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Myrna Robins

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Wine

Wine reviews, industry news and comment.

Subcategories from this category: Blog, News, Events

Posted by on in News

 

Just as Robertson Winery has long upheld a reputation for honest, consistent, value-for-money wines, so does it maintain a fine tradition of top quality and well-balanced complexity for its flagship pair, the Constitution Road Range. Add to that flavourful, well-priced enjoyment and you have a description that applies to both the chardonnay and the shiraz.

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The maiden shiraz appeared in 2004, and was joined by the chardonnay some years later. Today fans eagerly await new releases which are not made annually, but when speciality winemaker Jacques Roux finds the right grapes, produces wine to his demanding standard and releases them when they are market-ready.

The latest pair have been adorned with a new label: designer Anthony Lane illustrates four pillars of the SA constitution – liberty, governance, justice and equality and provenance. Robertson Winery applies these as freedom for winemakers to innovate, knowledge shared between generations of winemakers, balance and consistency through understanding of cultivars and vineyards and a sense of place, through creating wines that express their origin.

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The 2016 chardonnay was produced from grapes at the winery’s Wandsbeck farm. Natural fermentation took place in new and second- fill French oak barrels, left on primary lees and underwent malolactic fermentation before aging for 18 months in barrel.

This is a classic chard, presenting aromas of citrus, toast and vanilla, followed by layers of fruit and butterscotch on the palate witha hint of cream and welcome freshness. It has already collected accolades from the 2018 Chardonnay du Monde, and local competitions and sells for around R150.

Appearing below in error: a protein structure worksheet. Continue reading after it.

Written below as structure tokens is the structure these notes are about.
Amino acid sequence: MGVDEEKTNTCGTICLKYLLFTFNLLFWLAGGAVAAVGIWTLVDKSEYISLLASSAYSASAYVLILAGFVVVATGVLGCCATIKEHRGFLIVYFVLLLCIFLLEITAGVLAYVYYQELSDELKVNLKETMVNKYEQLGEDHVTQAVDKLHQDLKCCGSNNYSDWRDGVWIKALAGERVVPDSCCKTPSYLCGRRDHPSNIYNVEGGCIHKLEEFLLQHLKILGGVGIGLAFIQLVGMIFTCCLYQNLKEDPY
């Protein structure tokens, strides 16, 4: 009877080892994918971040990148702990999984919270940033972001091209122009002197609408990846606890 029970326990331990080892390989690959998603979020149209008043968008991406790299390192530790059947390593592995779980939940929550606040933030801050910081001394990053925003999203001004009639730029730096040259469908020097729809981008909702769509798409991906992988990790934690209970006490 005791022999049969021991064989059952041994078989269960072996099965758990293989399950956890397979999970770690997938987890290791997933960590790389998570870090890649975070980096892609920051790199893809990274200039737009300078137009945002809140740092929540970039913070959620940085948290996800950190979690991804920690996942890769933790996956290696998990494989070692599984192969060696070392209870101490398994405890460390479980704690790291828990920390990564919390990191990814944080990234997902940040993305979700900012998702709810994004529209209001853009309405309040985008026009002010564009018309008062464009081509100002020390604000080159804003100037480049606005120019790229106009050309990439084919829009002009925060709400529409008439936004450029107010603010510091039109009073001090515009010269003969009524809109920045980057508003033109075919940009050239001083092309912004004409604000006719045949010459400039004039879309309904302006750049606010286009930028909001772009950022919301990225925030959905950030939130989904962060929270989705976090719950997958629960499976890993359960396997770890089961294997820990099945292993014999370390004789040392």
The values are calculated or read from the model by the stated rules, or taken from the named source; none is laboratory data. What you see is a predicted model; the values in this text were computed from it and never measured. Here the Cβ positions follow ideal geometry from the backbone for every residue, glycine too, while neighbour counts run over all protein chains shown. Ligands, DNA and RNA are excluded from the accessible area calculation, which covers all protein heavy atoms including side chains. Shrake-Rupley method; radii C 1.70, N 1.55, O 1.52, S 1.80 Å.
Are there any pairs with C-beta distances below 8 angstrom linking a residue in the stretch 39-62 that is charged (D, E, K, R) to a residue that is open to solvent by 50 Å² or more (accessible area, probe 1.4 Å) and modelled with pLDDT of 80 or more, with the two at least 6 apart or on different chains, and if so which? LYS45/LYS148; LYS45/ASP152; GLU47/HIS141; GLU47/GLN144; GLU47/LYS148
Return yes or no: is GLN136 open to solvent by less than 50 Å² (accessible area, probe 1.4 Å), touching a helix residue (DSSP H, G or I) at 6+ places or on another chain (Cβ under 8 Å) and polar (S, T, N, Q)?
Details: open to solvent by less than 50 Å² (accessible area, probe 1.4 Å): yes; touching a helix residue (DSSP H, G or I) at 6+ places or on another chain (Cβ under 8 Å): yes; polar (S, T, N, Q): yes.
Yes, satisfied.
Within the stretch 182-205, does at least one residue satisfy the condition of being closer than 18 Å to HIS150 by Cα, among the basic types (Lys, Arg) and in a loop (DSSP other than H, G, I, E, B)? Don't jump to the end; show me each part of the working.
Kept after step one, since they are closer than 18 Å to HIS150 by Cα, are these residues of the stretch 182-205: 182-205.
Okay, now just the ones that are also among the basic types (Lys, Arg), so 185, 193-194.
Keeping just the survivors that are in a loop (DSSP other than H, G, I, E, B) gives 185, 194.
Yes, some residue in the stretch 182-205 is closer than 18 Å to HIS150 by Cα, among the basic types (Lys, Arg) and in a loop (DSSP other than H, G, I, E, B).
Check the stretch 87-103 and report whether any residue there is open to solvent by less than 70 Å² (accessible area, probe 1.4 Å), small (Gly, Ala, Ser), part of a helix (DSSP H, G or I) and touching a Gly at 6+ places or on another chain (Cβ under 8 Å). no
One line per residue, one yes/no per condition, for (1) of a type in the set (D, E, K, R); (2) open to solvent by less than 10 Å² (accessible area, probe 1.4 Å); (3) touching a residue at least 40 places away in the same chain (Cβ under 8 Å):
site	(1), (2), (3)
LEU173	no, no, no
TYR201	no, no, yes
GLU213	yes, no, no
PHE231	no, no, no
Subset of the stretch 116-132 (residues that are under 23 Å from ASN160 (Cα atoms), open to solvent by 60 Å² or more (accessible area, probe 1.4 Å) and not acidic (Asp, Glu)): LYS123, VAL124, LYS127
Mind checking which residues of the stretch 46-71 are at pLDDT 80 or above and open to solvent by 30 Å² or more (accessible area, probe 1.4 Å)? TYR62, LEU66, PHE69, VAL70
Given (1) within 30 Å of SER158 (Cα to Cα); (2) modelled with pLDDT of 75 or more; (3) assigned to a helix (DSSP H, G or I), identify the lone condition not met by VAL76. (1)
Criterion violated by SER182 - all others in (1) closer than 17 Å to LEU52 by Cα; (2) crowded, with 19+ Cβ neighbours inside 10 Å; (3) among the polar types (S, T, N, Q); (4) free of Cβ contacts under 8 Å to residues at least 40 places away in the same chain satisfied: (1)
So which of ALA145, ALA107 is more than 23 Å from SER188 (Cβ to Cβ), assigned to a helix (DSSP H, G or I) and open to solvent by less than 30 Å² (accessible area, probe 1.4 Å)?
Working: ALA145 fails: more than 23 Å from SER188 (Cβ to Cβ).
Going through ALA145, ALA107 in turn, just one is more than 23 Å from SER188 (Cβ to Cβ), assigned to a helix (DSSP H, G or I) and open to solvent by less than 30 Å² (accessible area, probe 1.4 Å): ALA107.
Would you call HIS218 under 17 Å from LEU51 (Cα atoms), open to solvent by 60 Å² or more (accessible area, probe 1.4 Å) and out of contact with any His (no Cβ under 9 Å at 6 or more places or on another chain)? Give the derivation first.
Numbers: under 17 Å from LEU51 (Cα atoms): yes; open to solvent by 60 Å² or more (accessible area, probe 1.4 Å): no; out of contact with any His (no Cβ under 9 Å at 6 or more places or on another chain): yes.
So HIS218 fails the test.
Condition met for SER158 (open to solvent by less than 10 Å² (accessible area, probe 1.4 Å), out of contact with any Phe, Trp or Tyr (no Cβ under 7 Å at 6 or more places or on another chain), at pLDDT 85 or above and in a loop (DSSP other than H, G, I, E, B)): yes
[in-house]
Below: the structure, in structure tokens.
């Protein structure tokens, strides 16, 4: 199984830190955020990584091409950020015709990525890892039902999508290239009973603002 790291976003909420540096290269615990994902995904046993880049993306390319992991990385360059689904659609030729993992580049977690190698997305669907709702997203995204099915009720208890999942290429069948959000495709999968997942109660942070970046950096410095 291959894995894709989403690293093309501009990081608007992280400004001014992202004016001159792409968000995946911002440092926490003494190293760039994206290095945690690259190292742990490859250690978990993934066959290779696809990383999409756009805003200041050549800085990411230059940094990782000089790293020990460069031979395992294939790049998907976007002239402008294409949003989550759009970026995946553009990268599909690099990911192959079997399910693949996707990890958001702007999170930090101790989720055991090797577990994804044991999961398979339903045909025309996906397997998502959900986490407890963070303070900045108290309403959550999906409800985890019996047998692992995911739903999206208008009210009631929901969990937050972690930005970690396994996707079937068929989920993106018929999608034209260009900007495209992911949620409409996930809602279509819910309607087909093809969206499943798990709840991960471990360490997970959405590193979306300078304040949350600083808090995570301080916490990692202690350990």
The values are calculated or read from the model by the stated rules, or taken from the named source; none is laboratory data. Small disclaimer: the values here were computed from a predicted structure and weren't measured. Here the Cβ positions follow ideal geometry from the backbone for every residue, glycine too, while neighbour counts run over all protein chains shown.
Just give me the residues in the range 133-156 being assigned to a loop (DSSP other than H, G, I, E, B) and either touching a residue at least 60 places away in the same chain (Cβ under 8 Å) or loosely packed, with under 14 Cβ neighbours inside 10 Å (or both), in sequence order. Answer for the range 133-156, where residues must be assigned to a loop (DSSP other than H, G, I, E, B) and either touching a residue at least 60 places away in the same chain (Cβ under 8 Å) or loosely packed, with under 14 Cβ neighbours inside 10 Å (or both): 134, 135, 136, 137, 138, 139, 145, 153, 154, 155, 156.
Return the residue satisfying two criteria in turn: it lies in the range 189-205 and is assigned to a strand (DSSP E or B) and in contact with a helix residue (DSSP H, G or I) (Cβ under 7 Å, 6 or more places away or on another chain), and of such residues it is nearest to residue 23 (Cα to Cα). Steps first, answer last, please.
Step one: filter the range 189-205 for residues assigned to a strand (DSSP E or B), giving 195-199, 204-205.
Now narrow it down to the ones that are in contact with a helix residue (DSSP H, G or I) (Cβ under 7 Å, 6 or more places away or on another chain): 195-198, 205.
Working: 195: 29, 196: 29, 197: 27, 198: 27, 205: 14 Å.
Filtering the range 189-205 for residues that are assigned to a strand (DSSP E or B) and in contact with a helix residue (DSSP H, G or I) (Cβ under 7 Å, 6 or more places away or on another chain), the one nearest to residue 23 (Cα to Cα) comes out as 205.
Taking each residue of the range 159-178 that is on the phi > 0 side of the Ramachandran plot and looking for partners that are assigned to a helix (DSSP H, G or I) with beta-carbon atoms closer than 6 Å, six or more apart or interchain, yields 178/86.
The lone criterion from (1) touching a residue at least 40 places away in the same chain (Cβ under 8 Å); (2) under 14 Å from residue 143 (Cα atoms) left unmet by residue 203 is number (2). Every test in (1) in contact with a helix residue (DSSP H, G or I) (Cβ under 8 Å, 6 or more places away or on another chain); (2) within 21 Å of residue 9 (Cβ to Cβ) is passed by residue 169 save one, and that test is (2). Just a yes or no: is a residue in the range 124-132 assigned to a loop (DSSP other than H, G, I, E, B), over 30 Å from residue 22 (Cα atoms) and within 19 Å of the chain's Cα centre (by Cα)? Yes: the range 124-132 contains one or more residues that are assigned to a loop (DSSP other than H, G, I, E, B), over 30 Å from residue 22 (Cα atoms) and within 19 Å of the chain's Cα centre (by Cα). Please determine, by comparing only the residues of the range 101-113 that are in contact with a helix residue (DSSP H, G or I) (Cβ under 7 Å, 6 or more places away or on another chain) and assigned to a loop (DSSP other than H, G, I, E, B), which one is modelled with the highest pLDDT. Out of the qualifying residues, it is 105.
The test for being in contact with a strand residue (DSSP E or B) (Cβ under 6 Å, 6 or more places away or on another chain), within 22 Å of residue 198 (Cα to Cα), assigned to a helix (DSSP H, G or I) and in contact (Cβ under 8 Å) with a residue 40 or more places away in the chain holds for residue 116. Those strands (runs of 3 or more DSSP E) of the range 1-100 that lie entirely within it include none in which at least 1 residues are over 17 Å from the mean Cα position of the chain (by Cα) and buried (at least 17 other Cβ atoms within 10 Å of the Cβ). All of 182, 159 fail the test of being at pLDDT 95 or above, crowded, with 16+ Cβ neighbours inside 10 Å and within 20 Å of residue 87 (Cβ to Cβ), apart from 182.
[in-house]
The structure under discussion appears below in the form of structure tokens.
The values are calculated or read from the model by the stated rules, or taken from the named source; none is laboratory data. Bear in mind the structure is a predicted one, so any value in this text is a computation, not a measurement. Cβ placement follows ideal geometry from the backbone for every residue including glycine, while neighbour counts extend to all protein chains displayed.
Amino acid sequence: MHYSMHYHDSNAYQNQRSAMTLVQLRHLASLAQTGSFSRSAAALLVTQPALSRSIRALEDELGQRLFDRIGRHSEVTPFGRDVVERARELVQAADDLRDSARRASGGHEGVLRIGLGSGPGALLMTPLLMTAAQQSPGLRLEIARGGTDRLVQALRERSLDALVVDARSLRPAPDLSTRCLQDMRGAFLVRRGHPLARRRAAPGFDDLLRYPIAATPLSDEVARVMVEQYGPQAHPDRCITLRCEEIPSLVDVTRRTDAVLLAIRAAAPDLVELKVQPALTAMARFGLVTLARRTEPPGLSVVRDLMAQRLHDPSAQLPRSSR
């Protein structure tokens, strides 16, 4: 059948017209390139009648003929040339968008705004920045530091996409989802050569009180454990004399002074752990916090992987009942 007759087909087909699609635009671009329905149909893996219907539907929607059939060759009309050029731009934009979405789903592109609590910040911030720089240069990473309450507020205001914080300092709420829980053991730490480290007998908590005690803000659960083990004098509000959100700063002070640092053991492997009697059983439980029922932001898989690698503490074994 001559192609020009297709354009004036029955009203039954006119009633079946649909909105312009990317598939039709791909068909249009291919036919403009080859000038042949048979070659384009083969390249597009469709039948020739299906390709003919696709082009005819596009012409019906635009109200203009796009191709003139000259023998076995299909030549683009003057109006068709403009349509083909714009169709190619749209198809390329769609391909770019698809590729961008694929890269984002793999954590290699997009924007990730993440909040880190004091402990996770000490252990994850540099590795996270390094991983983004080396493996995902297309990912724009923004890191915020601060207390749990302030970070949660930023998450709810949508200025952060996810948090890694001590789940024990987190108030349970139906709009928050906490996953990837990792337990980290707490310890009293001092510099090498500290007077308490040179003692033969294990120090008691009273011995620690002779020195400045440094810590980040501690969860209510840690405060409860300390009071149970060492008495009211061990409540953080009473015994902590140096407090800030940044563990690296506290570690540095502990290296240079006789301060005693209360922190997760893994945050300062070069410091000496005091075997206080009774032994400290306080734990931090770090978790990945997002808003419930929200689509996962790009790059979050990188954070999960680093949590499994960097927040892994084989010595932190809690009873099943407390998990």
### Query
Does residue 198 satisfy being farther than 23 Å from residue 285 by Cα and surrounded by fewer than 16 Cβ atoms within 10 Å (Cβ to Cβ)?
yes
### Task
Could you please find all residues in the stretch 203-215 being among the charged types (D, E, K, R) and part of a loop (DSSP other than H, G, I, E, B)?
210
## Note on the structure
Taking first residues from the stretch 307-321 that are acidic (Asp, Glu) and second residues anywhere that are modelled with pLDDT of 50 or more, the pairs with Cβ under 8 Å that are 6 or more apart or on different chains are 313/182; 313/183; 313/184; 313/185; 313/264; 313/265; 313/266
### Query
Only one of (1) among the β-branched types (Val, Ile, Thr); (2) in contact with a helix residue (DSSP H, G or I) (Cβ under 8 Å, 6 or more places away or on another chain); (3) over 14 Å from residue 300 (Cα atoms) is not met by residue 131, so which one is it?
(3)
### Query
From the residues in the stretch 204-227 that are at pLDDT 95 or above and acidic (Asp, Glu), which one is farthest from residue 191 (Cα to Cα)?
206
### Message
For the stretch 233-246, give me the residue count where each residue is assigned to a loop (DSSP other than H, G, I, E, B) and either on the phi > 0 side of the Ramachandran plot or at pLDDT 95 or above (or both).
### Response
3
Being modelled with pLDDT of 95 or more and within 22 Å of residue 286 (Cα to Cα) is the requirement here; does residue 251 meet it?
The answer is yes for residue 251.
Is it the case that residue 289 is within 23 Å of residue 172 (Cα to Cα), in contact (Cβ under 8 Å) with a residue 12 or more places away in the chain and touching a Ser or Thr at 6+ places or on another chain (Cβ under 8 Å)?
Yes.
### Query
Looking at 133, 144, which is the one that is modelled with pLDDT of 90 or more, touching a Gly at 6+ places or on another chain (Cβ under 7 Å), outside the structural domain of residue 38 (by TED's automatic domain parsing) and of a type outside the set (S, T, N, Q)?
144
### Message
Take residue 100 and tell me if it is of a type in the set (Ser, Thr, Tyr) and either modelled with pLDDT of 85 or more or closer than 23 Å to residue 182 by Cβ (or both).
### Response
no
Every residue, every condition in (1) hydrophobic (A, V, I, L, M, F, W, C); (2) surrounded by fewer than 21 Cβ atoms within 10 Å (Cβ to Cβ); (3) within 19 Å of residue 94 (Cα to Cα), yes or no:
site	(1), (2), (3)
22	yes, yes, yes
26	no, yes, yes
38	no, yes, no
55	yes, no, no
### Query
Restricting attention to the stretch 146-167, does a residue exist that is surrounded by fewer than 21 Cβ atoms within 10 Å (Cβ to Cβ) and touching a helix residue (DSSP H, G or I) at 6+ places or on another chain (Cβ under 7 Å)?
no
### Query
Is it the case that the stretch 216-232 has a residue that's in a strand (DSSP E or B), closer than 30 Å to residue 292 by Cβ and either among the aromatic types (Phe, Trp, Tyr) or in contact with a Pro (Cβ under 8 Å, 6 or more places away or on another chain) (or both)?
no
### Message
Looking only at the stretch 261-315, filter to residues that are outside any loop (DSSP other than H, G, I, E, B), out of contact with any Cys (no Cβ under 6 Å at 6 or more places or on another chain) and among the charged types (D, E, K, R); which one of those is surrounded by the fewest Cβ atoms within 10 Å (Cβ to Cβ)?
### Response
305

The 2015 shiraz is a good example of one of the finest vintages of the new century, presenting a vibrant mix of dark fruit, warm spices and a hint of chocolate. Grapes were sourced from Robertson’s Wolfkloof farm, malolactic fermentation took place in new 225 and 300 litre French oak where it matured for three years. It combines opulent complexity with accessibility, and is sure to continue offering pleasure for several years. Alcohol levels are on the high side for modern trends but that has not affected its attracting local and international accolades and four and half stars from Platter. It sells for around R220.

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Posted by on in Blog

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Tasting the wines of young and adventurous men and women who go solo is always a pleasure: No matter how difficult the marketplace, there are always those willing to take the chance and demonstrate their talent in creating a range of wines for the curious consumer.

Suzanne Coetzee is one such entrepreneur: Having gained experience at Clos Malverne in Stellenbosch, she branched out on her own with a boutique range of wines called Nuiba, which is the name of the Namibian farm on which she grew up. Her love of her family home is further expressed in the names given to the four wines, namely First, Second, Third and Fourth Posts, reflecting the farm’s cattle drinking stations.